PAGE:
7. Write a paper describing things your parents did to help you in school and anything your parents did that hindered you in school. If you have young brothers and/or sisters, include your parents’ influences on their education. Analyze your parents’ actions from the standpoint of the characteristics discussed in the text.
8. Write a paper summarizing the theoretical perspectives on identity presented in the textbook. Identify the perspective you find most acceptable, and justify your choice. Evaluate the information in light of your own development in adolescence.
9. A case study. Julie is a 40-year-old homemaker. Besides chauffeuring her very active 13-year-old son and 15-year-old daughter to school activities, maintaining the household, and providing emotional support to her husband (who is facing a stressful job situation), Julie cares for her 70-year-old widowed father. Her father had a stroke last year. After her father’s stroke, Julie dropped the two college courses she had been taking, so that she could visit him regularly in the hospital and help with his rehabilitation there. When he was released from the hospital, he moved into her home for an indefinite period. That seemed to be the only option other than a nursing home. Julie’s brother and sister live out of town and are unable to provide physical care for their father. It has now been several months since Julie’s father moved into her home. Julie is feeling overwhelmed as she tries to meet the needs of her father, her husband, and her children.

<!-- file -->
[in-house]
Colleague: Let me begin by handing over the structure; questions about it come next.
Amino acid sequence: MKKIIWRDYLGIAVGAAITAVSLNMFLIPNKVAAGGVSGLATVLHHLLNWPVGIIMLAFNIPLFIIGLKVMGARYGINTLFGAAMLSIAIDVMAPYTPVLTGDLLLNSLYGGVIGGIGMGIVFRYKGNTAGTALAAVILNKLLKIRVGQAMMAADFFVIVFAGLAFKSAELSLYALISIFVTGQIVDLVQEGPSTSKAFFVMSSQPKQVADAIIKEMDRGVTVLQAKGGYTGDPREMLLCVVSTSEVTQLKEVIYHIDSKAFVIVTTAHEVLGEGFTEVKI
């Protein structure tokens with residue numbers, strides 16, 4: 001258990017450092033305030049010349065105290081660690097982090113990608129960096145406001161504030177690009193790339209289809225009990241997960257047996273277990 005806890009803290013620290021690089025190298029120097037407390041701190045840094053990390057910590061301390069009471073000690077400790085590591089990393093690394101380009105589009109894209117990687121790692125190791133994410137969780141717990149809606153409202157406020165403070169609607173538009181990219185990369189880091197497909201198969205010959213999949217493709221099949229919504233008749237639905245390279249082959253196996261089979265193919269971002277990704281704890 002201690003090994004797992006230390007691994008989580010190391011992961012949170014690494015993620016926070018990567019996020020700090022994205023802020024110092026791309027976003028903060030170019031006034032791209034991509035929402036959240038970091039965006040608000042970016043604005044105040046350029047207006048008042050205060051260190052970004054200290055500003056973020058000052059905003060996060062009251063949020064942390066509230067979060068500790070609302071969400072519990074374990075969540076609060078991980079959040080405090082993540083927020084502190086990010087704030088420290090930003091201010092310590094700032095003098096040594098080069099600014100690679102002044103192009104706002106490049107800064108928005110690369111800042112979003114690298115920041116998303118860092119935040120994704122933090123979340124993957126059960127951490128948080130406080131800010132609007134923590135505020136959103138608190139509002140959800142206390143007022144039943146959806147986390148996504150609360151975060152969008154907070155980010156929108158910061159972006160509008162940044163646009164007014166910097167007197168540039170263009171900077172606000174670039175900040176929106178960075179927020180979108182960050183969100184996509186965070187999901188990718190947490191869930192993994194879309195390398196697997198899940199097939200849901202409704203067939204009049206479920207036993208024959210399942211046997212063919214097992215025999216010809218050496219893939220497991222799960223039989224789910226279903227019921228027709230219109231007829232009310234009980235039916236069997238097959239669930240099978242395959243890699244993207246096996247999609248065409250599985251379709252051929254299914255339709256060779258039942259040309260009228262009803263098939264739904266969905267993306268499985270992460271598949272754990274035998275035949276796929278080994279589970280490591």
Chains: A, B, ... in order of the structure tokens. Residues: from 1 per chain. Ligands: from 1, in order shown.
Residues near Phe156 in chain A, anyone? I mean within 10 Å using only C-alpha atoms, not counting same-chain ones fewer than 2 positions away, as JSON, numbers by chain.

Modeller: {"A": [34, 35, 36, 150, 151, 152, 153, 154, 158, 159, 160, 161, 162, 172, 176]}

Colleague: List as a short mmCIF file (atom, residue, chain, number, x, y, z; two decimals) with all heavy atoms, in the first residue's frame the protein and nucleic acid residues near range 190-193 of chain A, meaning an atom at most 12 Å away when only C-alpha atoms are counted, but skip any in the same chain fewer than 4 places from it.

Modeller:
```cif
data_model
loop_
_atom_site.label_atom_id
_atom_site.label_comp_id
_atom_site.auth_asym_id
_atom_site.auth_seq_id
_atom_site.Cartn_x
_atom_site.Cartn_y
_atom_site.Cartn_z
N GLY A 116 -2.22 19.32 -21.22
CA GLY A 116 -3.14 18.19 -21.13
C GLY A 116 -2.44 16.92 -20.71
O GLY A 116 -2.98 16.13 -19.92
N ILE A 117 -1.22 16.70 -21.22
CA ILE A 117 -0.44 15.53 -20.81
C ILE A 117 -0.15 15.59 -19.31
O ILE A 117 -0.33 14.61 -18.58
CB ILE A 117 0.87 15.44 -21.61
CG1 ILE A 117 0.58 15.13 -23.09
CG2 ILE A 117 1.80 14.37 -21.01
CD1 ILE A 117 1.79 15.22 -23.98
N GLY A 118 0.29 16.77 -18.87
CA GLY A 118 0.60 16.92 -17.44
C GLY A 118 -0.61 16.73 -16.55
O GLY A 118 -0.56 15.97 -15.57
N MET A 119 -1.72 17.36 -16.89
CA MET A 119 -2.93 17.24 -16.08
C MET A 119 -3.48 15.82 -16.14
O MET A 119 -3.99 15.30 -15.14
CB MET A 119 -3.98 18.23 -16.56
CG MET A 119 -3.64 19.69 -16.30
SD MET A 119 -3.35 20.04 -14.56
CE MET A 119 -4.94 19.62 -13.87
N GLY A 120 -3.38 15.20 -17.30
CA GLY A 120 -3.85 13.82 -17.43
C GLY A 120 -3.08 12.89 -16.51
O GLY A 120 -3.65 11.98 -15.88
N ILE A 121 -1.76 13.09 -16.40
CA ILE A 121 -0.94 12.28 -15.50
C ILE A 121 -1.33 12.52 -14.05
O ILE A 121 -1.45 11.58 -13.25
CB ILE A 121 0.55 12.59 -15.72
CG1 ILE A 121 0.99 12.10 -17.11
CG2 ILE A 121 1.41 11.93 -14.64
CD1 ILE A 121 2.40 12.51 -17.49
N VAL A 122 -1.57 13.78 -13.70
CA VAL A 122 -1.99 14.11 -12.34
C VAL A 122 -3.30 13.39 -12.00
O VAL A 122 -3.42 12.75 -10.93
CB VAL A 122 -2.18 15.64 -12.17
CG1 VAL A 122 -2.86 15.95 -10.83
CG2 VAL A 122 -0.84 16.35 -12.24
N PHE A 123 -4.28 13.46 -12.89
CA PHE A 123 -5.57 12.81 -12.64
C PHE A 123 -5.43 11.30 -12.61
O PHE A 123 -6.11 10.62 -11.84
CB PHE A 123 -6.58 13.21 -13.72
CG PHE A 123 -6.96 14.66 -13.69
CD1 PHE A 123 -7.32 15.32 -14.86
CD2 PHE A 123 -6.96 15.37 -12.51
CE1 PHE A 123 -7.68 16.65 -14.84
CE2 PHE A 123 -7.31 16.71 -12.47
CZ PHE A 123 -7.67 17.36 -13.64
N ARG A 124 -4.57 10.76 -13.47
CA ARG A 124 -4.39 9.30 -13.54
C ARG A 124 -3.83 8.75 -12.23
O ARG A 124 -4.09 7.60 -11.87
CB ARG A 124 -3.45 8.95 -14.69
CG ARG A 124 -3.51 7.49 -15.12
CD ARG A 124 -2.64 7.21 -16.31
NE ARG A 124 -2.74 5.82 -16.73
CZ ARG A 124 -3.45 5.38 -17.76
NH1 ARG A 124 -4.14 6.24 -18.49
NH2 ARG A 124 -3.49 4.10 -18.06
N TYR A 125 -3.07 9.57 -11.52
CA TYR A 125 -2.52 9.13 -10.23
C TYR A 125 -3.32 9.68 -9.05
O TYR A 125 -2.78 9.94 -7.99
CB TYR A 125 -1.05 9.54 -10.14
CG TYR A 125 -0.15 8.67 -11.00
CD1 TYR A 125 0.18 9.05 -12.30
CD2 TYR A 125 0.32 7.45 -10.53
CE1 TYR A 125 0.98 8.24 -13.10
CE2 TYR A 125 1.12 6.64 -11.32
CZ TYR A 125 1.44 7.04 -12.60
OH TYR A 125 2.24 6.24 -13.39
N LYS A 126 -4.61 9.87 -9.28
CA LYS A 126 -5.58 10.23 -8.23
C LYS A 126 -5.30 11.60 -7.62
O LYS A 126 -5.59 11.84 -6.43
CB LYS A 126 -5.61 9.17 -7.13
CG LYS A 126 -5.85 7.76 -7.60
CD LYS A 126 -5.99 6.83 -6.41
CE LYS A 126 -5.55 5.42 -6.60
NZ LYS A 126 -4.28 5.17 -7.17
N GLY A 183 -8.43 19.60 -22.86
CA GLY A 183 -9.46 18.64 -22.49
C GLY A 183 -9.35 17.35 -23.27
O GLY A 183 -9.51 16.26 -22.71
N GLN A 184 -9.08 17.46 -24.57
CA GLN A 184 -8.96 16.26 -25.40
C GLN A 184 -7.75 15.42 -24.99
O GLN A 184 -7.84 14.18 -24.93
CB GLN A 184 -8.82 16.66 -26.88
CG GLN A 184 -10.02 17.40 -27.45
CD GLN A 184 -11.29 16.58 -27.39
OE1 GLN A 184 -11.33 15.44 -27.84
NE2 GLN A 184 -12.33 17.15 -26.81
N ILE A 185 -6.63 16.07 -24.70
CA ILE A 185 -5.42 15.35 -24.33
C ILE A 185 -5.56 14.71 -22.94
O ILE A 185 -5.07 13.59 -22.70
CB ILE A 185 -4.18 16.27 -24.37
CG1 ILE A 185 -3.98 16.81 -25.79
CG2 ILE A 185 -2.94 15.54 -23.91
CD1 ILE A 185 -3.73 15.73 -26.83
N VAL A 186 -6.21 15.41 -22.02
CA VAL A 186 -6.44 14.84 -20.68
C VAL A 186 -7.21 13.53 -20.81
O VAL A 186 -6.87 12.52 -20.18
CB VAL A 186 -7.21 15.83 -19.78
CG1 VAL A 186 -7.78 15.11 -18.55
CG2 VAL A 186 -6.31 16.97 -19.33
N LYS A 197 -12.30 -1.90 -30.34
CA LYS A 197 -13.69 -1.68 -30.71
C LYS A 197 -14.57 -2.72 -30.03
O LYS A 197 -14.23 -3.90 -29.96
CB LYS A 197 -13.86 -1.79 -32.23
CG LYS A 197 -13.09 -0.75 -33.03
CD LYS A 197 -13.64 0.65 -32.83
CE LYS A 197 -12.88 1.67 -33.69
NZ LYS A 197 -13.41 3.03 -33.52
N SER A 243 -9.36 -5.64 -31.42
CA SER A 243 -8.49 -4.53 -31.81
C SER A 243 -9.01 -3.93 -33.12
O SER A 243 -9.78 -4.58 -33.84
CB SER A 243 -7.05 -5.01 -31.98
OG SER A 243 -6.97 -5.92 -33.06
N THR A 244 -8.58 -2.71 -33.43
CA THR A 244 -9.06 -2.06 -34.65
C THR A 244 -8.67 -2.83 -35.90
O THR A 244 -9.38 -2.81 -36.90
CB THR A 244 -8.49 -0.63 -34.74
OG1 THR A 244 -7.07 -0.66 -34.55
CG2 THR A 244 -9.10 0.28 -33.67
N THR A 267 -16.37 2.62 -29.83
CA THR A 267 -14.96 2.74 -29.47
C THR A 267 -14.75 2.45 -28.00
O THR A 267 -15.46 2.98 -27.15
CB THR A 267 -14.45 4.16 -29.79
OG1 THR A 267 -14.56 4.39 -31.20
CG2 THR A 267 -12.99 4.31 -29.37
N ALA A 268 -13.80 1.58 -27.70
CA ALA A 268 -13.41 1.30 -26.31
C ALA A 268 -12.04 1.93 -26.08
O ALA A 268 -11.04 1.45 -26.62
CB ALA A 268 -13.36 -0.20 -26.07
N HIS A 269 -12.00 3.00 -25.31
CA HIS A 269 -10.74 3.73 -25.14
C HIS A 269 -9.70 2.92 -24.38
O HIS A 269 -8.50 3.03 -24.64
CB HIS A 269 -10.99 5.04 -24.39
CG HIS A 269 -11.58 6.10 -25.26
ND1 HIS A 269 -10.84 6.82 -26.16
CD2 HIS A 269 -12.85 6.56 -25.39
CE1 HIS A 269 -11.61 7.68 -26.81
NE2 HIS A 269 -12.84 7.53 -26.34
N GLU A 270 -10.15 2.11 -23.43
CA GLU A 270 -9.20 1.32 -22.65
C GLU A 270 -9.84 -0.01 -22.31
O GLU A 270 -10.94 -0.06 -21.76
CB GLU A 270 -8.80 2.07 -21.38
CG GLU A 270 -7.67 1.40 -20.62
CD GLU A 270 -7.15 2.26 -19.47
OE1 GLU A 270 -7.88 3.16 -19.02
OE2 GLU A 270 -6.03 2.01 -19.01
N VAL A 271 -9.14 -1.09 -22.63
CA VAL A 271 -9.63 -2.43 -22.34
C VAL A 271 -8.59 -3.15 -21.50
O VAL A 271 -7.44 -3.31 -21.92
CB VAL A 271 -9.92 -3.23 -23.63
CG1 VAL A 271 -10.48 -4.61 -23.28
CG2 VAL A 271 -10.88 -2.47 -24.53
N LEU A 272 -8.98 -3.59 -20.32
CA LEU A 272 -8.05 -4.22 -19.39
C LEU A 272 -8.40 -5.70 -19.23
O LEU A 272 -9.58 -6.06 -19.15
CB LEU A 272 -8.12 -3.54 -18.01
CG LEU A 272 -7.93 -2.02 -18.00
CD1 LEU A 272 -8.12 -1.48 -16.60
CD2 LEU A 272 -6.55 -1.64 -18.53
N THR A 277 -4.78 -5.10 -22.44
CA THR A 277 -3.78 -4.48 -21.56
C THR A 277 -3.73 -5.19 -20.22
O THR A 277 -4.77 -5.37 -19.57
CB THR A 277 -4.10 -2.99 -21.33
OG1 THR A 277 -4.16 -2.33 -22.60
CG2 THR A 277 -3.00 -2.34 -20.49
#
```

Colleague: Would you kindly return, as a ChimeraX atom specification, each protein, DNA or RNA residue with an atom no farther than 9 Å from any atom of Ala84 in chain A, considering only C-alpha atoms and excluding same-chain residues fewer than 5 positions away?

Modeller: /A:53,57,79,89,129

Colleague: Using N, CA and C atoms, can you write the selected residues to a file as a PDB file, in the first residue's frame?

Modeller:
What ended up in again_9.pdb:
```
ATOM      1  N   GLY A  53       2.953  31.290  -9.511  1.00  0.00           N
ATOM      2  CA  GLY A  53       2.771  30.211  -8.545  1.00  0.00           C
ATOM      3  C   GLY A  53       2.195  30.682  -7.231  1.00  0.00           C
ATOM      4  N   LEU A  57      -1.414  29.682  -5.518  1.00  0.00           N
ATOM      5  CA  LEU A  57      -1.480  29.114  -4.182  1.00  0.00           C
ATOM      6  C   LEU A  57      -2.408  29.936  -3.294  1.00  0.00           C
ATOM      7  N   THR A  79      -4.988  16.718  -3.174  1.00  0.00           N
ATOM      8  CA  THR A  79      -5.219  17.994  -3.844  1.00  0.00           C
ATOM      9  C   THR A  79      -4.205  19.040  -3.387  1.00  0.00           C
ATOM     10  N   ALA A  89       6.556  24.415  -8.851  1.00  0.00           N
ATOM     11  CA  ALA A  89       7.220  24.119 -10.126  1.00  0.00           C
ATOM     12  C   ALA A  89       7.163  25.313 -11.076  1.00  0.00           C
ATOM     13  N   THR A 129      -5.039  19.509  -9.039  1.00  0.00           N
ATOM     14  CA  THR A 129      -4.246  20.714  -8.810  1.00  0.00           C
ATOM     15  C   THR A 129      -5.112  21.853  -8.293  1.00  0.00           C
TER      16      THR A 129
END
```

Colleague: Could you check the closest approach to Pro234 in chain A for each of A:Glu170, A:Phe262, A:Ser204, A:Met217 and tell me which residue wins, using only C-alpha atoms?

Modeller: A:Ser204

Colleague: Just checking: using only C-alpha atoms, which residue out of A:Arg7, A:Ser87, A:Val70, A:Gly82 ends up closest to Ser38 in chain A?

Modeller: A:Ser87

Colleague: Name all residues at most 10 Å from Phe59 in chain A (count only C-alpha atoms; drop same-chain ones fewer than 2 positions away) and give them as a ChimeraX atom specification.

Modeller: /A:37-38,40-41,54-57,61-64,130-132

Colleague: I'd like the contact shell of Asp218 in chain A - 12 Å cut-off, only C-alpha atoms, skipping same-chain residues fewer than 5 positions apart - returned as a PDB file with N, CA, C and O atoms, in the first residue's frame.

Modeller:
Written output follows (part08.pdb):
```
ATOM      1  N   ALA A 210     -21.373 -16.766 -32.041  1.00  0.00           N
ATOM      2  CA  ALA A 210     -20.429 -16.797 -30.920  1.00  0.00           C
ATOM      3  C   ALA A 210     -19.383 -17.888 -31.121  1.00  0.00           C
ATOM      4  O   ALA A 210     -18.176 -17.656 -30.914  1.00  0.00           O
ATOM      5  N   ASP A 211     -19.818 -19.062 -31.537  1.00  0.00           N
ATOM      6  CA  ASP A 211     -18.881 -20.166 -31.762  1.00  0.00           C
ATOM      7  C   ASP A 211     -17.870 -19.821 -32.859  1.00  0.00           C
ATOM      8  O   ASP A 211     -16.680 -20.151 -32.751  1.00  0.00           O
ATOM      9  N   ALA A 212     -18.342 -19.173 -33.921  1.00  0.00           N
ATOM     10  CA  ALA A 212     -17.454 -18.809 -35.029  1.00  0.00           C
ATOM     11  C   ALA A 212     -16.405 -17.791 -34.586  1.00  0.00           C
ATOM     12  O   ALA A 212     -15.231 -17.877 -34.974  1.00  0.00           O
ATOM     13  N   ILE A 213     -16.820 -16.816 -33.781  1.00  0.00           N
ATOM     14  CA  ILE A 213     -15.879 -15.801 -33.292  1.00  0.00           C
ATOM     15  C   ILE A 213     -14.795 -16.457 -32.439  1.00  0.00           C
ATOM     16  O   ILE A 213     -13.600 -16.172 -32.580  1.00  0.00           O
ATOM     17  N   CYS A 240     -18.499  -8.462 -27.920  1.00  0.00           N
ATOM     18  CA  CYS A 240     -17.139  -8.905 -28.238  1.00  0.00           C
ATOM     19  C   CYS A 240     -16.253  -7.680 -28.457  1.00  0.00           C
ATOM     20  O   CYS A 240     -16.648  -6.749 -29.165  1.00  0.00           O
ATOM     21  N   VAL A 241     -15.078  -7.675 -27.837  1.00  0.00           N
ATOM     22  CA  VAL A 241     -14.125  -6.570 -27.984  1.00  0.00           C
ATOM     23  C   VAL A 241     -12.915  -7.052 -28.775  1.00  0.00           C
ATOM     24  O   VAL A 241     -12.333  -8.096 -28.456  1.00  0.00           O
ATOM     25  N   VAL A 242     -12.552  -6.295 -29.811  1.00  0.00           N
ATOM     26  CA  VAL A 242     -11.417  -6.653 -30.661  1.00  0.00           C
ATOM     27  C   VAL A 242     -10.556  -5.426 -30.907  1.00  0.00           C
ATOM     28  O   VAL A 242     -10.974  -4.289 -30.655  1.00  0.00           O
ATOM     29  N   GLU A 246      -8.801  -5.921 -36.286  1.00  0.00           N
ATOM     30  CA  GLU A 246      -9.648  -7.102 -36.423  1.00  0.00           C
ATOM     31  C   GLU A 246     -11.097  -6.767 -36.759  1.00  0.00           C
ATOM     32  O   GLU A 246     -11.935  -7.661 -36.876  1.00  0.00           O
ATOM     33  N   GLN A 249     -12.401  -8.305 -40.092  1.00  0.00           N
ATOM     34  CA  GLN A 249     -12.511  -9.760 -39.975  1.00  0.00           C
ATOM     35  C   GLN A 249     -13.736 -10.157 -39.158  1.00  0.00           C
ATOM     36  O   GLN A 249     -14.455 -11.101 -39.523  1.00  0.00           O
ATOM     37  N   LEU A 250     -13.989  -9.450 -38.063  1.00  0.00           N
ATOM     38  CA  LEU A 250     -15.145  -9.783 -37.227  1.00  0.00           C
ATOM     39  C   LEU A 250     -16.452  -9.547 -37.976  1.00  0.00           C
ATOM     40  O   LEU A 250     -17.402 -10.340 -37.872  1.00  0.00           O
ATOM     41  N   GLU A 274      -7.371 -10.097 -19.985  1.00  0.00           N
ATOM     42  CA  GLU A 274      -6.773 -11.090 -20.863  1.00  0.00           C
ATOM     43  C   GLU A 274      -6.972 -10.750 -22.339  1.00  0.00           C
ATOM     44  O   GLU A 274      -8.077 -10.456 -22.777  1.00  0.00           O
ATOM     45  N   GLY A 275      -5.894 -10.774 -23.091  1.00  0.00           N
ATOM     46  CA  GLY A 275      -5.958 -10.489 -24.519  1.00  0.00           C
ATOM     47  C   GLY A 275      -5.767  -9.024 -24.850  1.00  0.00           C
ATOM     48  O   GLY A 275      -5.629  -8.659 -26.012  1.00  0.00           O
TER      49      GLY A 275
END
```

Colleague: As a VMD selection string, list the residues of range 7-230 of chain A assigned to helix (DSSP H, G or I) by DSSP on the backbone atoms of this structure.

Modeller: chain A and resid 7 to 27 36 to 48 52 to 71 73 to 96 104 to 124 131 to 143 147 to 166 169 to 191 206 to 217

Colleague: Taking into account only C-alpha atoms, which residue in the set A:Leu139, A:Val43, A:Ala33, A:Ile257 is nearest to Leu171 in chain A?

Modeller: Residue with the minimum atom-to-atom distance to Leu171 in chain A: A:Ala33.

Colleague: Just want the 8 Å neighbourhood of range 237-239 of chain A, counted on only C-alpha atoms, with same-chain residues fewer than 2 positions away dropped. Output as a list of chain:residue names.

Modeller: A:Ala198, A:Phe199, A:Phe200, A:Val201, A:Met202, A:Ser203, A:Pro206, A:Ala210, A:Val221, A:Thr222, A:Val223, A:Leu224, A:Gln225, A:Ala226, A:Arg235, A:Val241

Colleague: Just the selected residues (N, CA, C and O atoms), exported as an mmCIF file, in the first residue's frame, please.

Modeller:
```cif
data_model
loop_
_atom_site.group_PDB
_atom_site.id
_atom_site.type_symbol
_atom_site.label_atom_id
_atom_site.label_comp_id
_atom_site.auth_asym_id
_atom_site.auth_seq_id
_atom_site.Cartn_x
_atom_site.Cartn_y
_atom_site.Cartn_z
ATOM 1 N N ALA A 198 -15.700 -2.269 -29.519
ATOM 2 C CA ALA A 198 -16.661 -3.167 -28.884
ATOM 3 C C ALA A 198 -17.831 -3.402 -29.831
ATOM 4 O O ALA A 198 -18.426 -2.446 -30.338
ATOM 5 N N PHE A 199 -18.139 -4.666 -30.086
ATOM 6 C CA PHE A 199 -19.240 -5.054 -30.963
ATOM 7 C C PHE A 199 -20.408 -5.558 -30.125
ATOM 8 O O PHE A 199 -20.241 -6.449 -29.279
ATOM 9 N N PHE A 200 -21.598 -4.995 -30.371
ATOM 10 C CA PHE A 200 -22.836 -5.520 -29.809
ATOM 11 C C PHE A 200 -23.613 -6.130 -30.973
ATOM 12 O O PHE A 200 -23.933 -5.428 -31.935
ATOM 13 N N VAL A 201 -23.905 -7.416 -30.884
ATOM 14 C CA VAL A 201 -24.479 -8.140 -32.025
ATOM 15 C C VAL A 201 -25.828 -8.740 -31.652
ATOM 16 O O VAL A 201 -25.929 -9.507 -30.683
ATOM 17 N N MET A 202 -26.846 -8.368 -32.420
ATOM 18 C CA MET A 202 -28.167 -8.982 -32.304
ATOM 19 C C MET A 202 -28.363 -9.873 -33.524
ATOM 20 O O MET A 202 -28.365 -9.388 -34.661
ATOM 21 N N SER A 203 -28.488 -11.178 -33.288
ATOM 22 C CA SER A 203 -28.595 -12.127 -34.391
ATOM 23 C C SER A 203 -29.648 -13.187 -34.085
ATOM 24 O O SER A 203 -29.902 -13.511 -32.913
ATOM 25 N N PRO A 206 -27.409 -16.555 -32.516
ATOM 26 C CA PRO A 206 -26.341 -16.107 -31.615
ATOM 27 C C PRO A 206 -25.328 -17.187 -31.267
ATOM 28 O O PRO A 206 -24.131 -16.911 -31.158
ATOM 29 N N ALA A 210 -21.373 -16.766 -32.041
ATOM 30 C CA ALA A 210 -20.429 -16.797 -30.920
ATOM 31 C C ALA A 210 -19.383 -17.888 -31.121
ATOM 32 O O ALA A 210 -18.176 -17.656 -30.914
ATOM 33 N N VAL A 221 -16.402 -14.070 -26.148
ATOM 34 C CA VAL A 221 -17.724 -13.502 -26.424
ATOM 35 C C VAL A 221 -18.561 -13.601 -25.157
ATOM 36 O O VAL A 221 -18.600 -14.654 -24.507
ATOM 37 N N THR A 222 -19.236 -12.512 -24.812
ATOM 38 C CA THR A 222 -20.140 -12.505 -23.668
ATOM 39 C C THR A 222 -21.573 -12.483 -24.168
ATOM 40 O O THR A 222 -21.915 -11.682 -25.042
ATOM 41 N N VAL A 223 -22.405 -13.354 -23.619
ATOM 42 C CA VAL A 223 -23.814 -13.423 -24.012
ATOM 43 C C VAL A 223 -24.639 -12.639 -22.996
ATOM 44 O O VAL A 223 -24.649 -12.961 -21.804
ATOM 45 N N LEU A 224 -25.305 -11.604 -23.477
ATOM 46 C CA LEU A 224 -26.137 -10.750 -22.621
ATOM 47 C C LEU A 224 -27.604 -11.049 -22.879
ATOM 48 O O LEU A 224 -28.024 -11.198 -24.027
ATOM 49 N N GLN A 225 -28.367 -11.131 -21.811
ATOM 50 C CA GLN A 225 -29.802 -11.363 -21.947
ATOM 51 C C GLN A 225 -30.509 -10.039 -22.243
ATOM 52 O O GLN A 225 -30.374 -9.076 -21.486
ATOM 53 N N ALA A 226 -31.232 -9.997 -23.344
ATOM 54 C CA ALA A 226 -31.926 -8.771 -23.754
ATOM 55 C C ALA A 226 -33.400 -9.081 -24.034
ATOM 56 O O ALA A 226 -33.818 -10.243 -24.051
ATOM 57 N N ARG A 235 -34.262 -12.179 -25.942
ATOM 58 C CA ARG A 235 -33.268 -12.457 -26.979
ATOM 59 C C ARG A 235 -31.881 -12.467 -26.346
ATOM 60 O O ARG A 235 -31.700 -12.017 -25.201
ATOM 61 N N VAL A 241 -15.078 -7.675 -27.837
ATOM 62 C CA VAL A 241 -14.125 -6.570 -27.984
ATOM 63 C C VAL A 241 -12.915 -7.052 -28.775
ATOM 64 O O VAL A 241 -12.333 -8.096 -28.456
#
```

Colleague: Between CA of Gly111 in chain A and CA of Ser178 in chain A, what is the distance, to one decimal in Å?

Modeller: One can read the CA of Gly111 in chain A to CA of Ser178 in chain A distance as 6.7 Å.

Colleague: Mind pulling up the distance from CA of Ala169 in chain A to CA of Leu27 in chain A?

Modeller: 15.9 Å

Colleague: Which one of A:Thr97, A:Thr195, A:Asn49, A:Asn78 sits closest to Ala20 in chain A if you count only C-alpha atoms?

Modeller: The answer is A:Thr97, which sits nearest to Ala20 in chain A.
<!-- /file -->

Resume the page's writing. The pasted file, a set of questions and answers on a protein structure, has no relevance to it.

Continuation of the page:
Write a paper discussing steps that could be taken to solve or prevent problems for Julie and possible pitfalls in taking these steps. Dimensions of the situation that you will want to consider include (1) finances, (2) health, (3) emotional functioning of individuals, and (4) relationships between family members.
10. Many colleges and universities allow older people to audit courses tuition-free. But–perhaps because the arrangement does not generate tuition–most institutions do not actively promote this option or encourage people to take advantage of it; the number of older people who actually enroll in such courses tends to be fairly low. Suppose that your college began taking aggressive and effective measures to encourage elderly people to enroll in courses, with the eventual result that around half of the students in most classes were 65 or older. Write a paper discussing two issues. First, how should instructors modify their teaching and their evaluation and testing procedures in response to this change in the student population, given the material in the text describing older adults’ cognitive performance and abilities? Second, how would classes be enriched by an increase in the proportion of older students, and how would classes suffer through such an increase?
11. Although most older people prefer to live independently in the community, and most are successful in doing so, institutional care is an essential option for an aging population. Some facilities are excellent, providing high-quality care, comfort, and intellectual and social stimulation. However, even in these excellent settings, there is probably some room for improvement. Develop a description of an ideal nursing home. Your description should include the approximate number of residents, the approximate number of staff members, the qualifications of the staff, the physical design of the facility, provisions for promoting contact between residents and the community, and activities offered within the facility.